In its 17-year history, the DVTA has faced a series of hurdles in its efforts to construct a large, centralized facility.  Susan Haughwout, DVTA president and Wilmington Town Clerk, says that building a multi-use facility has been a top priority since the DVTA’s inception.  The DVTA was founded in 1996 as a result of an analysis by the Vision 2000 committee, a collection of valley business owners who analyzed the needs of the area for local business and development.  Transportation ranked at the top of the list, and out of that need grew the DVTA.  “Usually these kinds of transit systems are started from the government down, but this was grassroots up,” says Haughwout, who was contacted early on to serve on a newly formed transportation committee.  “I thought, ‘We don’t have any transportation in the valley, so this should be easy.’  It was literally eight months until we had buses.”

What started as a modest shuttle service up and down Route 100 has since expanded into a 26-bus, 16-route service providing transportation not only throughout the valley but to Brattleboro and Bennington as well.  The DVTA employs 34 people, and its vehicles travel approximately 375,000 miles per year.  Out of the 10 public transit districts in Vermont, only Burlington’s and Rutland’s boast larger services.  The DVTA secures funding for its approximately $1.8 million budget from the federal government via the Vermont Agency of Transportation (VTrans); from state sources; and from local sources such as Mount Snow, condominium owners, local schools, Marlboro College, and advertisements.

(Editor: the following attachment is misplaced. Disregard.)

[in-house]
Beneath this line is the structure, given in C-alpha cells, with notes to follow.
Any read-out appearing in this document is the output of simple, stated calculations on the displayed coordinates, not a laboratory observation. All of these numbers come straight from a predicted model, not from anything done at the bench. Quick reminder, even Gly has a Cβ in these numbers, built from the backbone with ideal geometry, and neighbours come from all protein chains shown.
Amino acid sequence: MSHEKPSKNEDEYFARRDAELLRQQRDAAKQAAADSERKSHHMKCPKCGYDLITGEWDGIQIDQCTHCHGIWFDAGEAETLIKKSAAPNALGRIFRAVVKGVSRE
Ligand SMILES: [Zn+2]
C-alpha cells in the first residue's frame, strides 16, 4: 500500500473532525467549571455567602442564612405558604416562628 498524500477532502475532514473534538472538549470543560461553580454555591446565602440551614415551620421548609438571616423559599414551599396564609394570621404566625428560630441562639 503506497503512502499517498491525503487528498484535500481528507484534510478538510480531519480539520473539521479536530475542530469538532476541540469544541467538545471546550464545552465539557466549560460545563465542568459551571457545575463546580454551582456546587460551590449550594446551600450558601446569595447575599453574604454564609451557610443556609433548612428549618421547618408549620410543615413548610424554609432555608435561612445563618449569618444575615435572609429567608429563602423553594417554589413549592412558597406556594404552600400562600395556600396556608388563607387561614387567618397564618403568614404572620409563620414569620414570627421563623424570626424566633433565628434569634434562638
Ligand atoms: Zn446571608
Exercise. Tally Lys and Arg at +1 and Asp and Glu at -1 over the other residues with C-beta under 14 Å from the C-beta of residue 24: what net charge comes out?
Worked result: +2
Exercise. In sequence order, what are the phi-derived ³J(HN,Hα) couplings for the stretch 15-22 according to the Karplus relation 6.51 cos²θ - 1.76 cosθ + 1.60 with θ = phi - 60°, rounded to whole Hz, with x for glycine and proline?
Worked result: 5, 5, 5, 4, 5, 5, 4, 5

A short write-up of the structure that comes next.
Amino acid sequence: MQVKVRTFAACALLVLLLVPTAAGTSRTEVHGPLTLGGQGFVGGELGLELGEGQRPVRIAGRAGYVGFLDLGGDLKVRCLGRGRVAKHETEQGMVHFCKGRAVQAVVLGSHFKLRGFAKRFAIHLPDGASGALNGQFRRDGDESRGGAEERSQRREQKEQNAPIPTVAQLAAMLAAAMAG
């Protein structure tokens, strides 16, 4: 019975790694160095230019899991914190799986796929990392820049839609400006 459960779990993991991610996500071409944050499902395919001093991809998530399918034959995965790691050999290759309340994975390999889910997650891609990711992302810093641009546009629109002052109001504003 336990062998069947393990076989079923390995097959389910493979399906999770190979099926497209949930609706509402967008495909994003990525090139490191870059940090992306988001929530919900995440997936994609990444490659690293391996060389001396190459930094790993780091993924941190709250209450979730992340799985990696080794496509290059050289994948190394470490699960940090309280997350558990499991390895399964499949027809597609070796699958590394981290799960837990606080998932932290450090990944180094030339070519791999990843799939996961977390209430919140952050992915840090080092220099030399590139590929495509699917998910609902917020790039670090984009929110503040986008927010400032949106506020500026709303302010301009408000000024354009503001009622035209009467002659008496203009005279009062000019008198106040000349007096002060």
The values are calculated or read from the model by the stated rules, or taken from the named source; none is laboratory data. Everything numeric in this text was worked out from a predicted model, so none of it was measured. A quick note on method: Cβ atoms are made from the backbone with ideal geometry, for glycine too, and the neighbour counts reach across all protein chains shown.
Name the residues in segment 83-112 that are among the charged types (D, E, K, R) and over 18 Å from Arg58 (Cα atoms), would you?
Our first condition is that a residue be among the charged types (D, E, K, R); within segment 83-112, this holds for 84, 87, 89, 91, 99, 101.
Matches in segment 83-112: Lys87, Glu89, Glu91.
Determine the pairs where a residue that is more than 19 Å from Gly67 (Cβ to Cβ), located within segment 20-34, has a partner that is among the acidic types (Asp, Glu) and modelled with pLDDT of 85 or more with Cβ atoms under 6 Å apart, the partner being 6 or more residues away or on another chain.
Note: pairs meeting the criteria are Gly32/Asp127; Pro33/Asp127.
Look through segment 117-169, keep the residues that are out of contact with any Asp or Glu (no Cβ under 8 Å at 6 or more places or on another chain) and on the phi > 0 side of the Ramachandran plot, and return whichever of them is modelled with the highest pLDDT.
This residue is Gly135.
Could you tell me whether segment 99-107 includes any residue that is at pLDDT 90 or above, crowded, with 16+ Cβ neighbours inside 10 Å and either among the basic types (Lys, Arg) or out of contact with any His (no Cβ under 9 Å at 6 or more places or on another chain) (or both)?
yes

A grassroots spirit has characterized the DVTA’s efforts to secure a site for its new facility, most notably in the company’s search for funding.  The new facility will cost a total of $4.4 million, which has been cobbled together from a variety of federal grants and loans as well as local loans and fundraising efforts.  Federal funds pay for 80% of construction costs, with the DVTA required to secure the other 20%.  A portion of the funds, $584,000, will come from a federal earmark secured by Sen. Patrick Leahy in 2011, which provided for the demolition of most of the factory, as well as the hiring of an architectural project manager.  Another $3.08 million comes from a 2012 State of Good Repair grant from the Federal Transit Administration (FTA), which will provide for the construction of the facility.  Another $915,000 comes from a Key Bank construction loan, $100,000 from the Windham Regional Commission, and $2,250 from the Wilmington Fund, with the remaining balance to be paid by DVTA’s private funds and additional funding from the FTA.